On June 10, 1999, A. Alvarado asked D'Angelo "randomly" if D'Angelo could help him get bullets. (Id. at 300-01.) D'Angelo told A. Alvarado that he could help. (Id. at 301.) Three weeks later, on July 1, 1999, Maggiore and A. Alvarado picked up D'Angelo, and the three went to the Walt Whitman Housing Projects in the Fort Greene section of Brooklyn. (Id. at 301-02, 406-07.) Page 7 There, D'Angelo spoke with his cousin and was given a bag containing approximately fifty bullets. (Id at 301-02, 407-08, 524.) Neither A. Alvarado nor any other member of THP paid D'Angelo for the bullets. (Id. at 301-02, 408.)

  On their way back to Park Slope, the three passed through Carroll Gardens and spotted Deazevedo on Court Street. (Id. at 302-03, 408.) A. Alvarado did not want to stop; he was satisfied that the dispute with Deazevedo had been resolved. (Id. at 303.) He pulled over, however, after D'Angelo told him to do so. (Id.) The three, led by D'Angelo, chased Deazevedo on foot; D'Angelo carried a gun during the chase.*fn3 (Id. at 409-10; see also id. at 169-70.) Deazevedo outran D'Angelo, A. Alvarado, and Maggiore, and was eventually picked up by Palazzotto. (Id at 170.) After this chase, A. Alvarado, Maggiore, and D'Angelo went to a park on Sixth Avenue in Park Slope frequented by THP, where they met several THP members. (Id. at 304-05, 410-12, 548-50.)

  Meanwhile, Deazevedo had decided to retaliate. He gathered several LSB members, who, armed with golf clubs and a gun, drove in two cars, one of which was Palazzotto's gold Cadillac, to THP's park on Sixth Avenue. (Id. at 170-72.) Approaching the park, Deazevedo saw the THP members, and Jose Burgos (also known as "Belo" (id at 153)), who was carrying the gun for LSB, opened fire. (Id at 174-77.) A. Alvarado, Torres, Maggiore, and Padilla all returned fire. (Id. at 238, 240, 308, 413-15.) R. Alvarado took cover in the back seat of Maggiore's rental car, which was parked nearby. (Id. at 552-53.) The THP members fled Page 8 the park as soon as the shooting ended; A. Alvarado with a THP member called "Coco" or "C-Murder," Torres in his own car, and Maggiore, R. Alvarado, and D'Angelo in Maggiore's rental car. (Id. at 238-40, 309, 416-17, 553-54.)

  Maggiore initially drove south on the highway, but then decided to reverse course and head north to get out of the neighborhood. (Id. at 417-18, 555-56.) D'Angelo received a page from his girlfriend, Velez, and after speaking to her, asked Maggiore to take him home. (Id. at 556, 581.) So the three headed toward D'Angelo's Red Hook home. (Id.) Once they entered the neighborhood, however, D'Angelo began directing Maggiore where to drive in order to find LSB members, saying, "[Y]eah, yeah these niggers be over here, these niggers be over there." (Id. at 557.) D'Angelo and Maggiore were looking for Deazevedo and Aviles. (Id. at 418, 557.) They ended up on Columbia Street, and as they passed Sedgwick Street, where Palazzotto was parking his car, Maggiore and D'Angelo exclaimed, "[T]here they go."*fn4 (Id. at 418-19, 557-58, 617.) Maggiore stopped the car and told R. Alvarado to get out and get the gun that Maggiore had hidden under the hood. (Id. at 420, 558-59.) R. Alvarado tried to retrieve the gun, but he could not unlatch the hood. (Id. at 559.) Maggiore thereupon retrieved the gun, which he passed to R. Alvarado after returning to the car. (Id.) At the same time, D'Angelo was yelling at the others to give him the gun, which R. Alvarado did. (Id. at 420, 559.) As Maggiore turned the car Page 9 around and began pursuing Palazzotto, who was now running down Columbia Street toward Kane Street (id. at 420, 560), D'Angelo announced that he was going to "smoke the motherfucker" (id. at 567). Maggiore passed Palazzotto and drove the car onto the sidewalk in front of him, cutting him off. (Id. at 420-21, 560-61.) D'Angelo fired one shot out of the rear passenger window that struck Palazzotto in the abdomen and killed him. (Id. at 421, 423, 561-62, 567.)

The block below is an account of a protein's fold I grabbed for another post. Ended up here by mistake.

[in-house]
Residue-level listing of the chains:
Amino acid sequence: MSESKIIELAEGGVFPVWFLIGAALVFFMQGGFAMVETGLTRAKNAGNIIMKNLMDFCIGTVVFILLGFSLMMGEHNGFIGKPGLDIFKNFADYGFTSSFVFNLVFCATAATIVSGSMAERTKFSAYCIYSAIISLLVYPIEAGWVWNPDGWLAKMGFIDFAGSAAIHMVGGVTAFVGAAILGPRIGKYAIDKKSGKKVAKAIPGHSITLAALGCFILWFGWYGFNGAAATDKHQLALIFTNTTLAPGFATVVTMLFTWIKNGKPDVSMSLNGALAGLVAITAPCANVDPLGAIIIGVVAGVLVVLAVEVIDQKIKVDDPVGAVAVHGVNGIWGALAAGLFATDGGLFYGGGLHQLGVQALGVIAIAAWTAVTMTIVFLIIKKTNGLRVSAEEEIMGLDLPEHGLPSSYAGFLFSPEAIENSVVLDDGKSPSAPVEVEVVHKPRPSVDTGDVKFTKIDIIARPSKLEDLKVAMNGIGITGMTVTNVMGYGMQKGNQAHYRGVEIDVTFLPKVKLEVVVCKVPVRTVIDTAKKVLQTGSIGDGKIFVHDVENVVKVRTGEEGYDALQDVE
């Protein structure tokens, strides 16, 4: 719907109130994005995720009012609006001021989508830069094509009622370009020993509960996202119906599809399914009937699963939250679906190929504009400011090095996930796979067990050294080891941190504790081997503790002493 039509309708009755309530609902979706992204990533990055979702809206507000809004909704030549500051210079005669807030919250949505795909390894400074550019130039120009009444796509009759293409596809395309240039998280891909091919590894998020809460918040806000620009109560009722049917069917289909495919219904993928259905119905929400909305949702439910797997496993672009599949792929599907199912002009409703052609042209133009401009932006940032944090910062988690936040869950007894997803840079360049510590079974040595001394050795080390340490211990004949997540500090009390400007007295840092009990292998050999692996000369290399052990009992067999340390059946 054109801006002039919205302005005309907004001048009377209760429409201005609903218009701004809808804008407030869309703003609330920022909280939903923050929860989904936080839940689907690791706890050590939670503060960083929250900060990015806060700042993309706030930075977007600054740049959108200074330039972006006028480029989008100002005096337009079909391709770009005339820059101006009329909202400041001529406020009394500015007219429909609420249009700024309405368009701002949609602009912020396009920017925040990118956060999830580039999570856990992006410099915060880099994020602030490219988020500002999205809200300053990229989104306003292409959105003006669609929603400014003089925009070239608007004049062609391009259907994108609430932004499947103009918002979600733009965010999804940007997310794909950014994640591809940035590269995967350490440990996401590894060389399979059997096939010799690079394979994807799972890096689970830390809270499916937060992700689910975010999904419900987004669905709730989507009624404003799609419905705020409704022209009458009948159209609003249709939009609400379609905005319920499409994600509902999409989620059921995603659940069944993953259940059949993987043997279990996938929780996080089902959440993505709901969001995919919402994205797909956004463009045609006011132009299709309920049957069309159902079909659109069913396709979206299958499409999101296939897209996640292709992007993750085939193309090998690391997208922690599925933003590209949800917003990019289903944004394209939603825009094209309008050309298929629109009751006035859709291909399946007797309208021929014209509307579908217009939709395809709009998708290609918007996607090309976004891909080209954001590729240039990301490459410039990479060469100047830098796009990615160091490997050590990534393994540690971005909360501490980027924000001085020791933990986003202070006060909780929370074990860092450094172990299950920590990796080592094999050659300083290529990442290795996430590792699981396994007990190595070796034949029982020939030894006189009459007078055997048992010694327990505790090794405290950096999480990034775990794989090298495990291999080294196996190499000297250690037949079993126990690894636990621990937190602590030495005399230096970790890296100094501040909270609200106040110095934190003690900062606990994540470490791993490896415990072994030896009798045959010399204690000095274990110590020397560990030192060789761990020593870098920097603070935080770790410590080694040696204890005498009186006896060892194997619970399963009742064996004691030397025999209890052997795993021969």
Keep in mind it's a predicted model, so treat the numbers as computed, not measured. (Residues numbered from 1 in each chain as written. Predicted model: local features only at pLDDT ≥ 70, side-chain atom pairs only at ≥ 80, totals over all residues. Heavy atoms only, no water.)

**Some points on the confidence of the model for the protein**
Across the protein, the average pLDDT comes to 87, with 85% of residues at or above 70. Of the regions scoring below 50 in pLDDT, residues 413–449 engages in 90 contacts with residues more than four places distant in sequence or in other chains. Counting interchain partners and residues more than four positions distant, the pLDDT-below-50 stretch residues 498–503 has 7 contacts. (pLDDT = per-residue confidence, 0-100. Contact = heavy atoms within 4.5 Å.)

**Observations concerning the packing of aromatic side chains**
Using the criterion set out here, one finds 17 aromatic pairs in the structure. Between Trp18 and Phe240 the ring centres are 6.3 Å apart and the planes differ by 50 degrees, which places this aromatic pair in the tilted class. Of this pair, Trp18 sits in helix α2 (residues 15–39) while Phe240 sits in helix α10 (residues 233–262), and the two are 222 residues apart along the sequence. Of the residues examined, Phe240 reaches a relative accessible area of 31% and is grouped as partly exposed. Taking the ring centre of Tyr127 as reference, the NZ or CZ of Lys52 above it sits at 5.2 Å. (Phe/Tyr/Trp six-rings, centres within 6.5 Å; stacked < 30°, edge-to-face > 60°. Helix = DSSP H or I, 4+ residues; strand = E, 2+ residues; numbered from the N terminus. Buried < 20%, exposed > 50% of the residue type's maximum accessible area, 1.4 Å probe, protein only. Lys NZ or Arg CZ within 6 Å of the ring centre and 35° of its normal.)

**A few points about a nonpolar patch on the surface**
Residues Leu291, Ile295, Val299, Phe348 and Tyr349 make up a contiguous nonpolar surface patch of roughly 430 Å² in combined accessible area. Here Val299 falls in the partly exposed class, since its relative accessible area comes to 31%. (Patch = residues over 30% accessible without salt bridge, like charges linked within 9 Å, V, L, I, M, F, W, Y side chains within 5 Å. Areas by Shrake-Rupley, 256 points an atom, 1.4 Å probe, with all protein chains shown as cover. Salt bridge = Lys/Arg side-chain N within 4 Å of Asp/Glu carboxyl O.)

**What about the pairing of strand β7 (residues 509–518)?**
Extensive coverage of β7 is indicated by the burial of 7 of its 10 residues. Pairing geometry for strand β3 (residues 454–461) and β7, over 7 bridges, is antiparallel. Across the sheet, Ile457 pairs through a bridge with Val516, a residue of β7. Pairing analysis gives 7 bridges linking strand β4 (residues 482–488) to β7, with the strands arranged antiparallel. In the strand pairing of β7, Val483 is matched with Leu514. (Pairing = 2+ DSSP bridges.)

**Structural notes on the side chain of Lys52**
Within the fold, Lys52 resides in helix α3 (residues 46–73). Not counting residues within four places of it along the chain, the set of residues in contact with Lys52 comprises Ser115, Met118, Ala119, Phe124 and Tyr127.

The three then fled to D'Angelo's cousin's apartment in the Marcy Projects in Brooklyn. (Id. at 424-26, 569-70.) D'Angelo told his cousin that he had just shot someone, and when the cousin asked who D'Angelo had shot, D'Angelo responded, "[T]hese dudes that tried to come at me and my sister-in-law while I was bringing them to work. They tried to-it was Felix [Deazevedo] and them trying to curse at my sister-in-law and them." (Id. at 570.) Throughout the night, Maggiore called A. Alvarado — who was with his new girlfriend, Milena Mora — several times in order to report the "state of the war" with CMB. (Id. at 313-14, 426-27.) Maggiore used code to tell A. Alvarado that someone had been shot, saying only that someone "tripped and fell" or "fell on the floor." (Id. at 313-14, 427-28.) After drinking beer and smoking marijuana, Maggiore, R. Alvarado, and D'Angelo left the Marcy Projects. (Id. at 428, 571.) Maggiore first drove D'Angelo home, where D'Angelo asked Maggiore for the gun used to shoot Palazzotto. (Id. at 428-29, 571-72.) Maggiore gave it to D'Angelo, who walked toward New York Harbor to "dispose of the evidence. (Id. at 429.)

  The next day, July 2, 1999, D'Angelo left Brooklyn for Amsterdam, New York (id. at 662), and he relocated permanently to Amsterdam within a week of the murder (id.; see also Gov't Exs. 31, 48 (D'Angelo's employment records)). About a month after the murder, Page 10 D'Angelo visited R. Alvarado at R. Alvarado's home. (Tr. at 573.) D'Angelo asked R. Alvarado whether he thought Maggiore "would snitch," because D'Angelo had a man who would "cap" Maggiore. (Id.) R. Alvarado did not tell D'Angelo exactly where Maggiore lived. (Id. at 574.) In July 2000, A. Alvarado had a similar conversation with D'Angelo, in which D'Angelo told A. Alvarado that he wanted to find Maggiore, who D'Angelo believed was "telling," so he could "shut him up." (Id. at 315.)

  b. "Gaining Entrance to" THP